(Autostraddle also played a big role in this, obviously, but I was originally picked up by them to write about news and politics. I started writing about anime and other media for them largely because I wanted to and that was because I was having so much fun doing it on Tumblr. So while it was the Autostraddle writing samples that have probably done the most for my career, I still think Tumblr played the bigger role and is the more interesting conversation.)

Tumblr has a lot of issues in how it executes its ideas, but it still sure is nice to have a large social-media community with such a strong focus on social justice, progressivism and especially activism. You probably wouldn’t have so many young people protesting in the streets over Ferguson and Eric Garner right now if not for communities like Tumblr. It’s also nice to see so many people interested in engaging the media they like on how it deals with marginalized groups like women, racial minorities, the LGBT community and people with disabilities. It was a lot of this focus that made me fit into Tumblr’s community so well, since I’ve been looking at media that way for a long time. I took a lot of classes in women’s studies, queer theory and the like in college, and spent a lot of my free time on feminist blogs like Pandagon and Jezebel. Since I was already thinking about media a lot as a music major, it was natural those interests would merge. Tumblr gave me an audience for that. I was talking about the media issues they wanted to hear about—”social justice” and so forth—and I was usually more knowledgeable about stuff like film form than most of the people I was engaging with on there.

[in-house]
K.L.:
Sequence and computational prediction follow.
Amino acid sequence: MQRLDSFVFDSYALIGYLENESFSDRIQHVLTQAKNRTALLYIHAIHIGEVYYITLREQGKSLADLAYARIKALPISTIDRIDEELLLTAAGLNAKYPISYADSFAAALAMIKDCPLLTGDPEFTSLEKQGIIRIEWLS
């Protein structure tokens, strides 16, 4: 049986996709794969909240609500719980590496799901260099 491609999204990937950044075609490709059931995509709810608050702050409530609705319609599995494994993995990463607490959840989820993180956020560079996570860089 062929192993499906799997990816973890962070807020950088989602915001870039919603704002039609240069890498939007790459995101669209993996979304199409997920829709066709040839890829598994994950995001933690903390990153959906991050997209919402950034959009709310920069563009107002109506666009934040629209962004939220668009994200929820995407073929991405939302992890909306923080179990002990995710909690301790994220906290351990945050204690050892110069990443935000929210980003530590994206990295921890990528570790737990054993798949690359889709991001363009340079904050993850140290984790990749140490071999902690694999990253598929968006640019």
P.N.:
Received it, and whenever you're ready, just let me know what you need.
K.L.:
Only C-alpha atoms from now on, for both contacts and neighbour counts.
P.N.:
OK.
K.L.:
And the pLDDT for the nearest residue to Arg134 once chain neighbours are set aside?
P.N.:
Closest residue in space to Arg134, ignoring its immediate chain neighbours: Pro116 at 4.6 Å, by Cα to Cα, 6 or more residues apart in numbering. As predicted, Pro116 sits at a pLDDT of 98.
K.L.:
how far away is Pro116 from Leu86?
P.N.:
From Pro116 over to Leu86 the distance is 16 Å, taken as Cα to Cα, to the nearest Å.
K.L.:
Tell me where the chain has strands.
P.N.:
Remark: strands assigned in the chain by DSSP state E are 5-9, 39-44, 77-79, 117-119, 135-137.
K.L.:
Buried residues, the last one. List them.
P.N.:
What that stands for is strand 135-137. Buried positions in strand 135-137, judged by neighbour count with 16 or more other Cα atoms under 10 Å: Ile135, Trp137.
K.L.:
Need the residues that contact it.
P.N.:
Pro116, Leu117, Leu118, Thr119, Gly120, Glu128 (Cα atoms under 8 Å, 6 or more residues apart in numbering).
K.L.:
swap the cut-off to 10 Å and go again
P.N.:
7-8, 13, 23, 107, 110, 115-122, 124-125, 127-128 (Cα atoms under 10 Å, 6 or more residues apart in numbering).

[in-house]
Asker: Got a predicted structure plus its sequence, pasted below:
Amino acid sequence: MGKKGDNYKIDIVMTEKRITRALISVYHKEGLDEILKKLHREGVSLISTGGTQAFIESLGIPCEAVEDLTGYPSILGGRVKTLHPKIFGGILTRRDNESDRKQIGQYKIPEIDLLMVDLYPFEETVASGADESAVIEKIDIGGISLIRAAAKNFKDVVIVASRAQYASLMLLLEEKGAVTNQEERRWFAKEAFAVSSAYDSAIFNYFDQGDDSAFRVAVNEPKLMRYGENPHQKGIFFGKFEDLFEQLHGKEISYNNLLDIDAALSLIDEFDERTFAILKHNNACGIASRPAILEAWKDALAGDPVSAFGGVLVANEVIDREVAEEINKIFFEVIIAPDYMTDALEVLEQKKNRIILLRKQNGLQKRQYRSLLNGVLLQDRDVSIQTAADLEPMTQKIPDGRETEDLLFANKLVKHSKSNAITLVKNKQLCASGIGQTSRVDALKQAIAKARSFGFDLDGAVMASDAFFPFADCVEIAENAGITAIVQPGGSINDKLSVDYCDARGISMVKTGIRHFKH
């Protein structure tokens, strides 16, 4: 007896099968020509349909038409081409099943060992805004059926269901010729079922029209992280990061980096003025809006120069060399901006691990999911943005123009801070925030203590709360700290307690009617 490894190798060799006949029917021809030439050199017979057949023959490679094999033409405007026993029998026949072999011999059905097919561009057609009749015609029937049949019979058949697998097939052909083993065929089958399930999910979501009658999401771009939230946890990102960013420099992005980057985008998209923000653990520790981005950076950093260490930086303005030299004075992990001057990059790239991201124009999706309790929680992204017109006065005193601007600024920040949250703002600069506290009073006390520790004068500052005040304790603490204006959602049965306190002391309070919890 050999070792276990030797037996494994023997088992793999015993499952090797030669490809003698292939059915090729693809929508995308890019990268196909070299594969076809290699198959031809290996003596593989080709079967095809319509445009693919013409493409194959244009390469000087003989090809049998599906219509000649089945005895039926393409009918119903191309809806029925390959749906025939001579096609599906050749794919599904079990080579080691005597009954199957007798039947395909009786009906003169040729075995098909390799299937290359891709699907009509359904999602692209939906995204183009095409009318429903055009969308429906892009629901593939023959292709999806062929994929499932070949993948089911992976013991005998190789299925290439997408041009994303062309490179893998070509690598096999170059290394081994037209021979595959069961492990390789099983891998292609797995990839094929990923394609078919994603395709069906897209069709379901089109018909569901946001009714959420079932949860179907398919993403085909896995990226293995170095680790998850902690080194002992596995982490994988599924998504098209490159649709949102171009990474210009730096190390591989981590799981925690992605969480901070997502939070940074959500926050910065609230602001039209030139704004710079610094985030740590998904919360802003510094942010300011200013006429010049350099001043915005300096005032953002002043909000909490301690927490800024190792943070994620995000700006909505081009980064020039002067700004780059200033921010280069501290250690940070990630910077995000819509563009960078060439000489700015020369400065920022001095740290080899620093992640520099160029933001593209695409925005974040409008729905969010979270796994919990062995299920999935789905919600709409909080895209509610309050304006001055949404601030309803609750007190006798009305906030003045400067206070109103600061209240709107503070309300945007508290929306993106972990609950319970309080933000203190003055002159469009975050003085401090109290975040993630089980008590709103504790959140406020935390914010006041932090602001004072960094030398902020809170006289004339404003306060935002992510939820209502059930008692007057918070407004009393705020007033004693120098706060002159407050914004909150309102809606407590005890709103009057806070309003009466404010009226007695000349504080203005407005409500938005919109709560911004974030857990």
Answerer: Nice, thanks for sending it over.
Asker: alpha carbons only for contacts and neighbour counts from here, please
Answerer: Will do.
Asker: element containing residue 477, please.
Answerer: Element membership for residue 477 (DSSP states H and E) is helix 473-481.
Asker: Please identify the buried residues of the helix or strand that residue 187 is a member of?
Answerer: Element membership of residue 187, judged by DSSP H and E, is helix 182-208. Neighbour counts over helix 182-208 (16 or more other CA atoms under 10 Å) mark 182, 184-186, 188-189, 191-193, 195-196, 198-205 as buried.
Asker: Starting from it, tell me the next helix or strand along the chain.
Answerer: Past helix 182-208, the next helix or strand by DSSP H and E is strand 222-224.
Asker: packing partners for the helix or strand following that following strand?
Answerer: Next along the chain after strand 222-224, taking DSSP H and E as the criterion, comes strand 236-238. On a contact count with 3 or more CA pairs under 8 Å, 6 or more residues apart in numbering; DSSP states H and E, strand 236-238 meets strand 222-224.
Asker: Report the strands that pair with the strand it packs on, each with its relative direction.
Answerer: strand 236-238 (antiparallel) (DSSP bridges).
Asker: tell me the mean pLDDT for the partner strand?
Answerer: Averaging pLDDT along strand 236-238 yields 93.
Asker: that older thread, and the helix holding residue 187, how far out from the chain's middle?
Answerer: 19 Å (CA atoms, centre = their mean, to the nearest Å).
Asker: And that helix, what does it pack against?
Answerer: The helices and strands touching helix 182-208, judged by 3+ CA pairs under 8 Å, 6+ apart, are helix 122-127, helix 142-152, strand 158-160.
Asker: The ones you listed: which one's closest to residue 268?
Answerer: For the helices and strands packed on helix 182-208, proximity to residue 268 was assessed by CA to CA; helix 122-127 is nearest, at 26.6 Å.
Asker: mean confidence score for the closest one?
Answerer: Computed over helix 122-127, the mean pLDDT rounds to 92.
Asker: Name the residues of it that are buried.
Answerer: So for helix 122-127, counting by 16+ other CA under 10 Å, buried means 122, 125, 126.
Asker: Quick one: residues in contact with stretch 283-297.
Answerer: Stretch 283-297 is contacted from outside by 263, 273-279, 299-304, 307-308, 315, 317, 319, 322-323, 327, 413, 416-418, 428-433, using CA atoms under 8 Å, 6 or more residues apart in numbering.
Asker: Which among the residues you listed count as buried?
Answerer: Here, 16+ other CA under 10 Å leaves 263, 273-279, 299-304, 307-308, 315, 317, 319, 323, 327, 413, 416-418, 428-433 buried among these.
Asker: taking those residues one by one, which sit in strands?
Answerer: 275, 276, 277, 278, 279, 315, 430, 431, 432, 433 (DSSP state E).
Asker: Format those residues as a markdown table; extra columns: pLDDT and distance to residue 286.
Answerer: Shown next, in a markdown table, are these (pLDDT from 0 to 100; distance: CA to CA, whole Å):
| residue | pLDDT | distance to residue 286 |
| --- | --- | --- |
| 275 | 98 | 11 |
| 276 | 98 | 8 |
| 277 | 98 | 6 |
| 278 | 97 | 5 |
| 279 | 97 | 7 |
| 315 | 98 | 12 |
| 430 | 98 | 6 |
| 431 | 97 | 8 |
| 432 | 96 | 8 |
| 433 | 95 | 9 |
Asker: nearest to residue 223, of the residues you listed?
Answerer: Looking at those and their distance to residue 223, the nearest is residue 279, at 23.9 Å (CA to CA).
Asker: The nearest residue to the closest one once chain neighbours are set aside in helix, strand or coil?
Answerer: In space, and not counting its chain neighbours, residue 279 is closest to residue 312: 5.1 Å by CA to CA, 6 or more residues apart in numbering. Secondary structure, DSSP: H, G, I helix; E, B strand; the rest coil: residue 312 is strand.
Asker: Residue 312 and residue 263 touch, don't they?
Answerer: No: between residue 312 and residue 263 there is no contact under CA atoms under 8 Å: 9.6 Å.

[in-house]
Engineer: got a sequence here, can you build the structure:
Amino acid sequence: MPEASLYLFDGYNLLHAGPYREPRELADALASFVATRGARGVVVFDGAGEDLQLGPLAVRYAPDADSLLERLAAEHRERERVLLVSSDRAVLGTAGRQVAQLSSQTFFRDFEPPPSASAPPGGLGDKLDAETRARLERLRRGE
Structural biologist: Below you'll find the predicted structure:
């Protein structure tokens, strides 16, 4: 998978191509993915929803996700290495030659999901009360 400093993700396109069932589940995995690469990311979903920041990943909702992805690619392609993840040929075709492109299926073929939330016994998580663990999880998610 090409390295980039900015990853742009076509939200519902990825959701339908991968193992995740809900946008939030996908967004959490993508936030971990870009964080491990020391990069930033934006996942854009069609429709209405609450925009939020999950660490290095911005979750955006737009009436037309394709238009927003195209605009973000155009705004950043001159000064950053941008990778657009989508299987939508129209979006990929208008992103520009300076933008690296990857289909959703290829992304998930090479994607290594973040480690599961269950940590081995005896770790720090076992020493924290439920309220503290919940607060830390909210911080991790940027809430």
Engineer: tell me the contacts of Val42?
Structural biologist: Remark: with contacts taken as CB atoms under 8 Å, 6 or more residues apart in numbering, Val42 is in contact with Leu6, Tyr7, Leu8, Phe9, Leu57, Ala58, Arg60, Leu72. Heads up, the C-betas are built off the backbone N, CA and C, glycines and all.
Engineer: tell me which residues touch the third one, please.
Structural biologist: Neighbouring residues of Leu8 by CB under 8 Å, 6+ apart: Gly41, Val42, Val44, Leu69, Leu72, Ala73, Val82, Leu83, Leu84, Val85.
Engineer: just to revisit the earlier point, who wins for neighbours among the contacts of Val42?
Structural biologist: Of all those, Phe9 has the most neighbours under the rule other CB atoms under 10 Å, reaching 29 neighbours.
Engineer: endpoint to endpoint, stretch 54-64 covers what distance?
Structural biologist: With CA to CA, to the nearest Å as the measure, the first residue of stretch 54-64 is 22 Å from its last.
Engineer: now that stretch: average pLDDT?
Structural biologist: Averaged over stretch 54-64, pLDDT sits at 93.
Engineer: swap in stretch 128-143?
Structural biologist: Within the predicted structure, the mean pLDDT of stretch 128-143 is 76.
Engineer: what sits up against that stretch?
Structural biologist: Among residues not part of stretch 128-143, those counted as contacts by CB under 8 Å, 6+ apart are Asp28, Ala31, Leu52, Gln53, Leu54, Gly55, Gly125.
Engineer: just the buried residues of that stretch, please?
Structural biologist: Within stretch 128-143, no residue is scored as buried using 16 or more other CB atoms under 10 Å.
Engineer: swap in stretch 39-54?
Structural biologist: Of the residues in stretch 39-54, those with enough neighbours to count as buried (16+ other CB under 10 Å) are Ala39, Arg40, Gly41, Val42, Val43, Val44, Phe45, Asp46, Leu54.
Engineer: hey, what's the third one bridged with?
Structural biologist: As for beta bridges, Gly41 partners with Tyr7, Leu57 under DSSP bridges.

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But that’s another reason I had to eventually move on from the site. A lot of people like being the “smartest person in the room”; I’m not one of them. I like being someone who feels like I can learn something from the people around me, and when I realized that most of Tumblr and I were dealing with media from such fundamentally different starting points, I knew I was never going to last there. I’ve talked about this on my post about fanfiction culture, the difference between “fiction-as-world” and “fiction-as-message,” and my critical approach (and I think, most critics’) is more about the latter. I also think it has to do with what Film Crit Hulk calls the four levels of media consumption; Tumblr is largely dealing with level 1 and (especially) 2 consumption, and I think most stuff I would truly call “criticism”—and certainly the vast majority of what I personally find useful and enlightening—is level 3 or 4.